Commitment to Quality and Mission: An Imperative for our Schools’ Survival and Growth
It is still my great privilege to welcome you to the 2019 General Assembly of the PAASCU.
Even in the run-up to this happy day, the registrations were coming in faster and in greater numbers than in previous years. Today some 500 of you have assembled here. Your record-breaking number is not just because we are in a new venue. Nor just because you wanted to meet your old friends in PAASCU.
You are here, I surmise, also because you have noticed fresh energy and renaissance activity in PAASCU: the accreditors list has been updated and competent accreditors have been re-invited to serve in PAASCU anew; nine training sessions have outputted 285 new accreditors now among our total of 997 accreditors; two trainings have re-tooled 64 staff chairpersons; new guidelines have been approved for the Commissions; a new instrument has been approved for Senior High School, revisions have been approved for the instruments of Basic Medical Education, Tourism Hotel and Restaurant Management, the Education Programs, and the Supplement Instrument to Liberal Arts, Business and Education Programs; there is ongoing work on the revision of the instruments of Basic Education, Secondary Education, Elementary Education, Information Technology, Engineering, and Graduate Education, as well as work on a new instrument for Institutional Accreditation; a new protocol on the evaluation and approval of survey team’s reports has been approved; we now have 352 member schools, 297 of which are spread throughout the country and 5 of which are in other countries; we accredited 446 programs in 185 institutions.
Thank you for being part of this!
Considering the theme of our General Assembly, I hope you are also here because of your own personal commitment to quality and mission.
You are here, I hope, because you too believe that the commitment to quality and mission is an imperative for our schools’ survival and growth. It is also imperative for Philippine education as a whole. Private Education in Crisis We know: Private education in the Philippines is in crisis.
Public policy is hurting our private schools; in time, it can destroy them. Higher salaries in government – doubling if not trebling – what most of our schools can pay – draw our teachers and administrators to public schools. Teachers, carefully trained and nurtured in our schools are sucked into the public system as soon as they earn their license to teach. Older teachers facing imperatives to provide adequately for their children reluctantly choose higher income over the school community that they love and cherish.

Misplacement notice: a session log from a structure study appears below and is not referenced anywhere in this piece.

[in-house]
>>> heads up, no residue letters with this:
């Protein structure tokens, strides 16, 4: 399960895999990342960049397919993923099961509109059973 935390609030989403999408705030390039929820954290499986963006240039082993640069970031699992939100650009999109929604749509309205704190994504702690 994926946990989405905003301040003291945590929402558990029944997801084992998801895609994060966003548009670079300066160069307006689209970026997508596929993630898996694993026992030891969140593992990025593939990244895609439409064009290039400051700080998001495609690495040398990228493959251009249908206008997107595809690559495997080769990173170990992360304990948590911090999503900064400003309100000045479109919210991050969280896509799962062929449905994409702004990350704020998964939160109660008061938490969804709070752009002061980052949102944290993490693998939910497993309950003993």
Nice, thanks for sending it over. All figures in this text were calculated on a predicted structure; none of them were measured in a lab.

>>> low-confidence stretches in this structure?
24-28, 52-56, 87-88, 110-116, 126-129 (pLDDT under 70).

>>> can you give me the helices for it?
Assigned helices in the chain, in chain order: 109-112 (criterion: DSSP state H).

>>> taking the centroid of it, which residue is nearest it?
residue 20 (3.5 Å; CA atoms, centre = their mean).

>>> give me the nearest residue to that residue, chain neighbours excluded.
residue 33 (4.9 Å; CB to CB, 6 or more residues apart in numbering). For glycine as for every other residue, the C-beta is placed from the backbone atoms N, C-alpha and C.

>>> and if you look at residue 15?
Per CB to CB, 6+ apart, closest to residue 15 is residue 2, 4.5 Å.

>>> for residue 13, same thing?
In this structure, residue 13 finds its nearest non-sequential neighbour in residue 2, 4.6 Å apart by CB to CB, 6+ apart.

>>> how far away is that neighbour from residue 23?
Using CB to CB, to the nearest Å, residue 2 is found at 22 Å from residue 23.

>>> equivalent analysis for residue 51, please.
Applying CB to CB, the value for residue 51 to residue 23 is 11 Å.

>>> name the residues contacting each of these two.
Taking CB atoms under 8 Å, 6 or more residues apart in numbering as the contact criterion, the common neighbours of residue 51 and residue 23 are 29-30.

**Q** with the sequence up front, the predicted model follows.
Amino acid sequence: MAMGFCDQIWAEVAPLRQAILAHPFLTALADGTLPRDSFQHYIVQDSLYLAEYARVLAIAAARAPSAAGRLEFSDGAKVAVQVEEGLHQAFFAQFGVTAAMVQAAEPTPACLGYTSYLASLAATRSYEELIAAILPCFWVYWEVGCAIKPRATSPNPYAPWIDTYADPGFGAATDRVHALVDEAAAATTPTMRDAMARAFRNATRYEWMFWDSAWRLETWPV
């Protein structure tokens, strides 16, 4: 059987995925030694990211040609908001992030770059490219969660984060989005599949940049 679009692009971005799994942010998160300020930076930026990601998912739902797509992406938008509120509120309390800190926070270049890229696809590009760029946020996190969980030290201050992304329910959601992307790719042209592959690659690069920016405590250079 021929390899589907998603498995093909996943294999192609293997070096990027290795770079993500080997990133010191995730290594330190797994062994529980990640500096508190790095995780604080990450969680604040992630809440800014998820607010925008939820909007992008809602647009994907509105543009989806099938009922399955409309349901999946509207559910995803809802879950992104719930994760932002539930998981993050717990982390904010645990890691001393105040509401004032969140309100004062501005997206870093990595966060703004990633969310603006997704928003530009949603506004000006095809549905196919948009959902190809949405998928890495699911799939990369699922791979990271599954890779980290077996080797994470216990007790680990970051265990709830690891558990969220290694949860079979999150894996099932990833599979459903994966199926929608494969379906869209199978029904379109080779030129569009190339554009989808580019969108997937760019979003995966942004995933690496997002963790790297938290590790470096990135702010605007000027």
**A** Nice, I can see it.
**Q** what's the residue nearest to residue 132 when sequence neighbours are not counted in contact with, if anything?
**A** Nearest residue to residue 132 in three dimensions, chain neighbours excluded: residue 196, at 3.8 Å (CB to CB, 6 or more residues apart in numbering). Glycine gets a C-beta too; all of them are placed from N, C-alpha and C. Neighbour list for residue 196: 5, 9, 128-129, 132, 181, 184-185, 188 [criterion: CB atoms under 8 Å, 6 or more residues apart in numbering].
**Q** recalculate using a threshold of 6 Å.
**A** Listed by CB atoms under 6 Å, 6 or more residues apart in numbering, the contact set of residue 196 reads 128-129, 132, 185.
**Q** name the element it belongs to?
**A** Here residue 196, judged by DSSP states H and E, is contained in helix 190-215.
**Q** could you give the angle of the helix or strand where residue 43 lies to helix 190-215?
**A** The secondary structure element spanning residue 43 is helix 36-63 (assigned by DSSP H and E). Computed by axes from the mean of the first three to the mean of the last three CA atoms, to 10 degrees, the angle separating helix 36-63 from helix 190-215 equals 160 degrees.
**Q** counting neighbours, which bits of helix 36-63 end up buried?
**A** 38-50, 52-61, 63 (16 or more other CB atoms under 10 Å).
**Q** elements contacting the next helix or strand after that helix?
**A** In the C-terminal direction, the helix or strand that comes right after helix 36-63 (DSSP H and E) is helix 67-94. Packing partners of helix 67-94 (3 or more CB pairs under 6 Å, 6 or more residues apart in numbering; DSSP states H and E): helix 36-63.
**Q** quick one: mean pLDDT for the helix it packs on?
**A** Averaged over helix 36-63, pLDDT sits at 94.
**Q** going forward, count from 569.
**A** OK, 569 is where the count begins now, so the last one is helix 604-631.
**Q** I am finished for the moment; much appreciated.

Meanwhile, free education not only in basic education as provided by the Constitution but also in tertiary education as provided by the Universal Access to Quality Tertiary Education Act (RA 10933) draws students away from our schools. Programs painstakingly built up by private universities are now closed because the nearby State Universities are offering the same programs for free.
ADVERTISEMENT REPORT THIS AD In other organizations, we are attempting to respond to this crisis. CEAP is championing an aggressive salary standardization proposal entitled the “Teachers’ Salary Act of 2019” supported by COCOPEA.
Teachers, whether they labor in public or private schools, teach the same Filipino learners and students. When these become productive citizens sensitive to humanity and have mastered competencies that make them contributors to society, they serve the same one Filipino nation, and benefit the same one Filipino economy. So why shouldn’t they all be compensated equally and benefit equally from educational funds that taxpayers – including teachers in our schools – contribute to? The proposed salary standardization law says that where government pushes public-school salaries above the market rate using taxpayers’ money by legislation, legislation should use taxpayers’ money to provide equivalent salaries in the private sector. If public and private schools serve the same poor students and the same economy that provides public funds, why shouldn’t legislation ensure that all the teachers be paid equally? Hopefully as educators of the one Philippine system of education, you can all support this proposed legislation. Hopefully, you can also publicly insist that the in the implementation of the Universal Access to Quality Tertiary Education Act (RA 10933) those who choose to be educated in the private school system with good reason, e.g., because the quality of education in a specific private school is markedly better than in an available or proximate public school or, e.g., simply because in a private school they can be instructed and formed in the religion of their conscience, be supported in their educational dreams as much as students who opt to go to public schools and are fortunate enough to be accepted. Reaching deep into the educator’s soul However, even as you support laudable efforts to improve the systemic complementarity between public and private schools as the Constitution envisions especially in areas of public spending and support, we come together today to renew our commitment to education in the Philippines ultimately because of what may be referred to as our interiorly-perceived mission to education.